Forum for Science, Industry and Business

Sponsored by:     3M 
Search our Site:

 

Low social mobility in UK has not improved in thirty years

14.12.2007
Social mobility in the UK remains at the low level it was for those born in 1970, with recent generations of children’s educational outcomes still overwhelmingly tied to their parents’ income, according to the latest Sutton Trust research released yesterday (13 December).

The study, from the London School of Economics and the University of Surrey and funded by the Sutton Trust, reviews evidence related to children born between 1970 and the Millennium, to determine whether the decline in social mobility between previous generations has continued.

The main findings of the work by Dr Jo Blanden and Professor Stephen Machin show that:

•Intergenerational income mobility for children born in the period 1970-2000 has stabilised, following the sharp decline that occurred for children born in 1970 compared with those born in 1958.

•However, the UK remains very low on the international rankings of social mobility when compared with other advanced nations.

•Parental background continues to exert a very powerful influence on the academic progress of children:

§Those from the poorest fifth of households but in the brightest group drop from the 88th percentile on cognitive tests at age three to the 65th percentile at age five. Those from the richest households who are least able at age three move up from the 15th percentile to the 45th percentile by age five. If this trend were to continue, the children from affluent backgrounds would be likely to overtake the poorer children in test scores by age seven.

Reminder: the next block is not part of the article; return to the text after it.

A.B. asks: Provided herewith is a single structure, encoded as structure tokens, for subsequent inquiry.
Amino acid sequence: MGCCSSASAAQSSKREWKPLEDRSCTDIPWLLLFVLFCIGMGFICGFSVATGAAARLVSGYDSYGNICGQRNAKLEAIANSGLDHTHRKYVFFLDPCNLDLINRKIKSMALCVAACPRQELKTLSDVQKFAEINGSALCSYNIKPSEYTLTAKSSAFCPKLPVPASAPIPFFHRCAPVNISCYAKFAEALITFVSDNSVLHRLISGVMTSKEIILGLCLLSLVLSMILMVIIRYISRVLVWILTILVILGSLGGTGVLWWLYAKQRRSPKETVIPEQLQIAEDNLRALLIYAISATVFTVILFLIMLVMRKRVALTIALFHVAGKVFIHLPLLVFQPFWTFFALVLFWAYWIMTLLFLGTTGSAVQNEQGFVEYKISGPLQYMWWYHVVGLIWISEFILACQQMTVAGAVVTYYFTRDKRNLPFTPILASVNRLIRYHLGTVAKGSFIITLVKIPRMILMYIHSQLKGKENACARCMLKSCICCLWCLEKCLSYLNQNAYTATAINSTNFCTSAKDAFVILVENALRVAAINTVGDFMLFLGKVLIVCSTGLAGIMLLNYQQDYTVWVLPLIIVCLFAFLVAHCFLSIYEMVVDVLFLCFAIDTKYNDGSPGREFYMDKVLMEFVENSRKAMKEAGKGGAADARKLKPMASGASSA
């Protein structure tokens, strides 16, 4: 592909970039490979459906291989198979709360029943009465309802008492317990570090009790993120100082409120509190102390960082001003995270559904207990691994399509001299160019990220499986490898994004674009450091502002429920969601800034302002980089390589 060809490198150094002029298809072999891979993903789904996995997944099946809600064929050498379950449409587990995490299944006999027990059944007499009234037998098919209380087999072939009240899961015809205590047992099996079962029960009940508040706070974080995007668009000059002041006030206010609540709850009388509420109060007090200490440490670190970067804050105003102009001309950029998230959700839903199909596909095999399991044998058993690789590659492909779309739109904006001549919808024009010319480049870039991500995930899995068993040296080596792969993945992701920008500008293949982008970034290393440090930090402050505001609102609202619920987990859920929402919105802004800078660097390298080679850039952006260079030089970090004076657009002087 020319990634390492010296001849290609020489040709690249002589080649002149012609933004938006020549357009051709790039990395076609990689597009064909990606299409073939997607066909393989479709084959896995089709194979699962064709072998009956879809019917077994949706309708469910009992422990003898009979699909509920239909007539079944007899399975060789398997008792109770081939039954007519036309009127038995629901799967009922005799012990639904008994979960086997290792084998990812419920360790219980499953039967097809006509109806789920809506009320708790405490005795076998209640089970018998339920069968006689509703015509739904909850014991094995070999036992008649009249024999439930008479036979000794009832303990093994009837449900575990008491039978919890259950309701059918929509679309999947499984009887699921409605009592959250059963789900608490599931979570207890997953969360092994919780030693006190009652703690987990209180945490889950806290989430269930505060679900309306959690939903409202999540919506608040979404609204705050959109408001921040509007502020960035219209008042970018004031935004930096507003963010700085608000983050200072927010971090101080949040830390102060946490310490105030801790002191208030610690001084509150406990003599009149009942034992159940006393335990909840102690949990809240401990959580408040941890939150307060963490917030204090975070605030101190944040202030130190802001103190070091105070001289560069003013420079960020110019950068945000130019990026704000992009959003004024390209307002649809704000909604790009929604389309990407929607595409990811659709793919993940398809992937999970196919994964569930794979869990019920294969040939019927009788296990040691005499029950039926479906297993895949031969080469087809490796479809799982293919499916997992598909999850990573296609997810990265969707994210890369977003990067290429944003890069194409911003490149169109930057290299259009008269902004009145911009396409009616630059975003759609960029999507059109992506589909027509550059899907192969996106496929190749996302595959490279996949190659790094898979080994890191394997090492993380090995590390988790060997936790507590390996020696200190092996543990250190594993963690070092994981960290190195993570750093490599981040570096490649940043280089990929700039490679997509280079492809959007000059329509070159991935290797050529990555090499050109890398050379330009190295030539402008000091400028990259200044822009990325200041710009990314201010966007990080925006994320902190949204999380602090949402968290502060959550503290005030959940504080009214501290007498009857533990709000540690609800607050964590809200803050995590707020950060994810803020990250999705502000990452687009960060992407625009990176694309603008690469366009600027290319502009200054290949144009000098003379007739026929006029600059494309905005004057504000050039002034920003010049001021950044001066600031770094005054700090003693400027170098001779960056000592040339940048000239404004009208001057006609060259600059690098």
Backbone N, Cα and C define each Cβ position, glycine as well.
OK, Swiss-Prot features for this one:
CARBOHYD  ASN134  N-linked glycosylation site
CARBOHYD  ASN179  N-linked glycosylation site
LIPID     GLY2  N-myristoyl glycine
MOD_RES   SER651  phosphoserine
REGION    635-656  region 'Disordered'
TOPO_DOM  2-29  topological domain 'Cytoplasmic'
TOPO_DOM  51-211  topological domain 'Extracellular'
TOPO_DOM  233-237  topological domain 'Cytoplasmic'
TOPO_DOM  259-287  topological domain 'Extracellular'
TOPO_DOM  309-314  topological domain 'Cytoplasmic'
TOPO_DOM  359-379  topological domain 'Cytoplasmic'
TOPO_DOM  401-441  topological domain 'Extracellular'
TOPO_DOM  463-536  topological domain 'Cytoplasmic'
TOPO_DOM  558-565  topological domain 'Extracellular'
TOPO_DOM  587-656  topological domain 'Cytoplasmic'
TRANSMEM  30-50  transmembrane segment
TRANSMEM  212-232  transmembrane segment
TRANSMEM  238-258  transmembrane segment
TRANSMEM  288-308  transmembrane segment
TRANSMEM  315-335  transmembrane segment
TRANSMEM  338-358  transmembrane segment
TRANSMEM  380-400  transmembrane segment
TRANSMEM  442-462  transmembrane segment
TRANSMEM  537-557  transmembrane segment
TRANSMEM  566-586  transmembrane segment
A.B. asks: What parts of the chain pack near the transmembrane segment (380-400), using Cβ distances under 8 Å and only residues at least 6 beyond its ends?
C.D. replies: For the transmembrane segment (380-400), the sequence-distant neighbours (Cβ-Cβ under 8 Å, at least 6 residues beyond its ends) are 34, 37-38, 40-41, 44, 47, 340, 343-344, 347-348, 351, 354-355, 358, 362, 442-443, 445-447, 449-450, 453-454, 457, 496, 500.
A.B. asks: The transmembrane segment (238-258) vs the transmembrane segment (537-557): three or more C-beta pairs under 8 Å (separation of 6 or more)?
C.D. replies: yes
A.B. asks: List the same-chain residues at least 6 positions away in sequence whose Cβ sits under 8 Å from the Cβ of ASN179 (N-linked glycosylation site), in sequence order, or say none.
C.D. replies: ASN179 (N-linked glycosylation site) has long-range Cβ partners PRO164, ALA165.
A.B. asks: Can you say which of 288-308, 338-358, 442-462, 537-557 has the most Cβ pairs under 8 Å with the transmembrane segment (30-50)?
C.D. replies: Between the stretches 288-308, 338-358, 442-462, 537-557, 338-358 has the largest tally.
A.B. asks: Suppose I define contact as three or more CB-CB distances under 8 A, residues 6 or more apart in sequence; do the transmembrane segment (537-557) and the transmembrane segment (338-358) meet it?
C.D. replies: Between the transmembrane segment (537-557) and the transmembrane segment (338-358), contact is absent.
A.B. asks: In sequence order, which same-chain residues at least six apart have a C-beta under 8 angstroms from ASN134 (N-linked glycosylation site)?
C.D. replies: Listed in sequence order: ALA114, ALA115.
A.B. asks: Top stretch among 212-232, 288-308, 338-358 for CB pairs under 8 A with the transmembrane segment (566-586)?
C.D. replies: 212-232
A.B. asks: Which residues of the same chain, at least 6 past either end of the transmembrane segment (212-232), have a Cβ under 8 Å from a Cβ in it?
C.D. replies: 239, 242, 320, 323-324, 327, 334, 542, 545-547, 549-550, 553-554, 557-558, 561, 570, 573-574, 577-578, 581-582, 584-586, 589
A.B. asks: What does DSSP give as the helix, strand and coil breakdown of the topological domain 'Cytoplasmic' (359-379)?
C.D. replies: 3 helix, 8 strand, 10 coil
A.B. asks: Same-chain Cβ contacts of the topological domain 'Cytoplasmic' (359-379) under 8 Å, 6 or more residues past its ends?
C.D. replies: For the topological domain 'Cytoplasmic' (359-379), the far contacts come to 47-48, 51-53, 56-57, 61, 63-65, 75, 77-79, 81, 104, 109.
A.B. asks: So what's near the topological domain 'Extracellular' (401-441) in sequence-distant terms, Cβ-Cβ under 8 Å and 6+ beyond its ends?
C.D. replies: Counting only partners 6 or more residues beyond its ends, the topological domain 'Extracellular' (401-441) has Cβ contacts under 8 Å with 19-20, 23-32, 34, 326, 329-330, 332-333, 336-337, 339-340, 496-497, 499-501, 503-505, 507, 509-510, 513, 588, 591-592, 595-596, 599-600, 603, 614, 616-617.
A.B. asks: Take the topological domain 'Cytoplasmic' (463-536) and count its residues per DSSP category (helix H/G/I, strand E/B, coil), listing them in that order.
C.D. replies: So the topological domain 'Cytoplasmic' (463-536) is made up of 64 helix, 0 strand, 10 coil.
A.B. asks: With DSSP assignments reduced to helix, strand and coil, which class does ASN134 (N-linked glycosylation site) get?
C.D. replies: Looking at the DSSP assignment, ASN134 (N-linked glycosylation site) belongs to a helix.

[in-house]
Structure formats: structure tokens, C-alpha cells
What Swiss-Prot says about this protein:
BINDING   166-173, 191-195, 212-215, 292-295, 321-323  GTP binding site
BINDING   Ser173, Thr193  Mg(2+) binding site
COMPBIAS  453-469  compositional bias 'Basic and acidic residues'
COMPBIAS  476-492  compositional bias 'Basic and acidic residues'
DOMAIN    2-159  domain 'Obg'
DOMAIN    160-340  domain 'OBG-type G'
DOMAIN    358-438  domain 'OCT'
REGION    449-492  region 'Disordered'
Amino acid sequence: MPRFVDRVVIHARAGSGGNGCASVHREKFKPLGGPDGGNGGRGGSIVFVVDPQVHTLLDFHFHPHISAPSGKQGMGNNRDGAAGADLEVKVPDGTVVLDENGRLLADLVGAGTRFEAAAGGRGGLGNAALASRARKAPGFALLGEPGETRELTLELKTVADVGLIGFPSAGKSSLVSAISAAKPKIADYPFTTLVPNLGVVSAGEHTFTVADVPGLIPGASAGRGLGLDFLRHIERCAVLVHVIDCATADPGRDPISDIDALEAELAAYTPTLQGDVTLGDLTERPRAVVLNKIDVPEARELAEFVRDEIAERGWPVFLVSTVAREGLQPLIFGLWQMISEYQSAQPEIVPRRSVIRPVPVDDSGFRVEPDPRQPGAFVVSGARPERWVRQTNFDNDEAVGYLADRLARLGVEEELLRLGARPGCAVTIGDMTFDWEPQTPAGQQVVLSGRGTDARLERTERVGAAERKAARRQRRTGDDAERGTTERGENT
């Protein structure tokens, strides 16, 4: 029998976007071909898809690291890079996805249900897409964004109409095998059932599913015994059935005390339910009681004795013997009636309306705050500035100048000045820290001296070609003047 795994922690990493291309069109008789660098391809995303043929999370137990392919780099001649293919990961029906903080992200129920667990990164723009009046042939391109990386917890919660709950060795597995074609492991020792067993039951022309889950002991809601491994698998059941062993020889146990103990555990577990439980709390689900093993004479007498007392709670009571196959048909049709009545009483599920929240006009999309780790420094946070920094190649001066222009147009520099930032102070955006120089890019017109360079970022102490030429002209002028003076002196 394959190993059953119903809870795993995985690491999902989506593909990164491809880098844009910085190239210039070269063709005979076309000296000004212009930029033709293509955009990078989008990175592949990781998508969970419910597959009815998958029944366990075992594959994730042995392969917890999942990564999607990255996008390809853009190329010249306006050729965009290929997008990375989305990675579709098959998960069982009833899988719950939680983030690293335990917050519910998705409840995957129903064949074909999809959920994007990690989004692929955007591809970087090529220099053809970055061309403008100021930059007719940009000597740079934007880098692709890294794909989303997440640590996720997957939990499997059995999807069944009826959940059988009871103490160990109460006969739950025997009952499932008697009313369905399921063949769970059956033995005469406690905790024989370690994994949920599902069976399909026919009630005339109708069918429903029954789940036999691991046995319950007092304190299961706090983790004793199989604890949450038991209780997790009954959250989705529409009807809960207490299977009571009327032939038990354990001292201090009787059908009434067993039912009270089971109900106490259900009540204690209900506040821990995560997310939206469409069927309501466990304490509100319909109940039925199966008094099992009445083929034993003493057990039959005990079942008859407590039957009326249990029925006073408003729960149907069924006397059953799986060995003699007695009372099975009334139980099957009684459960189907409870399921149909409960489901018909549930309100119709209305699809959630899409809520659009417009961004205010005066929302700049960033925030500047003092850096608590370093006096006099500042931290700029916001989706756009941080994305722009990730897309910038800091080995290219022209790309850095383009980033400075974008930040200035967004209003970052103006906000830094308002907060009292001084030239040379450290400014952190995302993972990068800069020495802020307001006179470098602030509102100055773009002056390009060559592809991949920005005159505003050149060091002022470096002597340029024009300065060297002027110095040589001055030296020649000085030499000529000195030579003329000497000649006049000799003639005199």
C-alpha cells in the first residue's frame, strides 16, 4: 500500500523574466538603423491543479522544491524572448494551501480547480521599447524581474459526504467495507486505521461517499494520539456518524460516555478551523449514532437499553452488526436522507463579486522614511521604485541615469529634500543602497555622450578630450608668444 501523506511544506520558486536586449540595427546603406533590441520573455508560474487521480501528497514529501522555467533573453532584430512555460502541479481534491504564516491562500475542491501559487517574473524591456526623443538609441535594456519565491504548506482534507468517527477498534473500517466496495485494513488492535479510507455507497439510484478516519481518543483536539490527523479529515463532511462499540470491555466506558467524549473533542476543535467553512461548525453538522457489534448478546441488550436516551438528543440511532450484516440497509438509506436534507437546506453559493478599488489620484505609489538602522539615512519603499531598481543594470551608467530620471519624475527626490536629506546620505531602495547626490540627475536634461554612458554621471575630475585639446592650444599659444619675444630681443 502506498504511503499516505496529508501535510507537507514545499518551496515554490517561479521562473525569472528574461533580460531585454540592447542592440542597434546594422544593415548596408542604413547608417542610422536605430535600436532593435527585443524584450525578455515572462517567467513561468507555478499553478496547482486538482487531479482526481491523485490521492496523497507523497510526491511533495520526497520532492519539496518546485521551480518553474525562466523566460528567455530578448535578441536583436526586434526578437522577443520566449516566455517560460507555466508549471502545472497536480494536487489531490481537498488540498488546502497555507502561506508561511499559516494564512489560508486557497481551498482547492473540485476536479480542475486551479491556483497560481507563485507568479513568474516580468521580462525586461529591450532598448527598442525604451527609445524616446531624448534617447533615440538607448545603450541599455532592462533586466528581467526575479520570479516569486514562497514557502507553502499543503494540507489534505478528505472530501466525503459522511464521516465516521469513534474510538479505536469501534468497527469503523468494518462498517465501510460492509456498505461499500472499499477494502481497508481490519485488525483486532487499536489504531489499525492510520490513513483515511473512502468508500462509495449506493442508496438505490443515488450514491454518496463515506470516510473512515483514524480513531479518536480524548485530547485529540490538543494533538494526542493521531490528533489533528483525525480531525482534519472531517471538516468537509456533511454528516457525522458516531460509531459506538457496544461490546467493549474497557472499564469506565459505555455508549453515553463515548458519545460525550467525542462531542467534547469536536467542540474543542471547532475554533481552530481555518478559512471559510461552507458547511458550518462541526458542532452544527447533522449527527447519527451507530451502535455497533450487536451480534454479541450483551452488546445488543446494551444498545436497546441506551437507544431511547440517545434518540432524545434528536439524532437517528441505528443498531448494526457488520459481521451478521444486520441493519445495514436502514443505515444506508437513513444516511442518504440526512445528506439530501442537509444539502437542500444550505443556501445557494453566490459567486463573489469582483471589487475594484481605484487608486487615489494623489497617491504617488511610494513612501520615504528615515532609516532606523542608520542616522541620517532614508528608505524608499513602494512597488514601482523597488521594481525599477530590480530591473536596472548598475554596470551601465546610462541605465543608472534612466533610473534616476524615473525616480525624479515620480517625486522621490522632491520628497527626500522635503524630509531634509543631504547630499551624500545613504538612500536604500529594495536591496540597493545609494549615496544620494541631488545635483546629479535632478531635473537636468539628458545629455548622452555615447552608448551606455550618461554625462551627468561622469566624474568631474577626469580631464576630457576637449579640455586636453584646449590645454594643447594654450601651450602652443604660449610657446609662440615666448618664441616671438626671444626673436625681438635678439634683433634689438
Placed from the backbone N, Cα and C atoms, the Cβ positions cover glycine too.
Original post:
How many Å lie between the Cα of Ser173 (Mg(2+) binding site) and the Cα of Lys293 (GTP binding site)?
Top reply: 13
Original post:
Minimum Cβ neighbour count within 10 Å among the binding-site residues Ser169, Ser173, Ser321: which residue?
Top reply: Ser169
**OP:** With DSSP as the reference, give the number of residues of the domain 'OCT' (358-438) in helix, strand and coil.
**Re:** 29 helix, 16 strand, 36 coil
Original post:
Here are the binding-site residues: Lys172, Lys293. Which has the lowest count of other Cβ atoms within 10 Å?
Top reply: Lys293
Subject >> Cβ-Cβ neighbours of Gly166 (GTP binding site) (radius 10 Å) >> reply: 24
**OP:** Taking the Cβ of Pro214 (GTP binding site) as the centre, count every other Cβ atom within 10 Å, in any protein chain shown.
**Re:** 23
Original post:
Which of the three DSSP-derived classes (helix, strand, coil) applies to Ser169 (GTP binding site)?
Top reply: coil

§Inequalities in obtaining a degree persist across different income groups. While 44 per cent of young people from the richest 20 per cent of households acquired a degree in 2002, only 10 per cent from the poorest 20 per cent of households did so.

Sir Peter Lampl, Chairman of the Sutton Trust, commented: “Shamefully, Britain remains stuck at the bottom of the international league tables when it comes to social mobility. It is appalling that young people’s life chances are still so tied to the fortunes of their parents, and that this situation has not improved over the last three decades.

We need a radical review of our approach to improving social mobility, starting with an independent commission to review the underlying causes for our low level of mobility and what can be done to address it. This is an issue which requires action on a broad front over a long period – it is too important to be used as a political football.”

For its part, the Sutton Trust has been funding since 1997 a wide range of education access initiatives from the early years, through primary and secondary schools, to university and beyond. In partnership with the Carnegie Corporation of New York, the Trust is also hosting a high level international summit to identify the drivers of social mobility and consider where governments and others should be focussing their efforts.

Dr Jo Blanden commented: “By looking at the relationship between children's educational outcomes at different ages and parental income we can predict likely patterns of mobility for cohorts who have not yet reached adulthood. On this basis we cannot find any evidence that the sharp drop in mobility observed for children growing up in the 1970s and 1980s has continued. But nor can we find evidence that mobility has improved.”

Stuart Miller | alfa
Further information:
http://www.surrey.ac.uk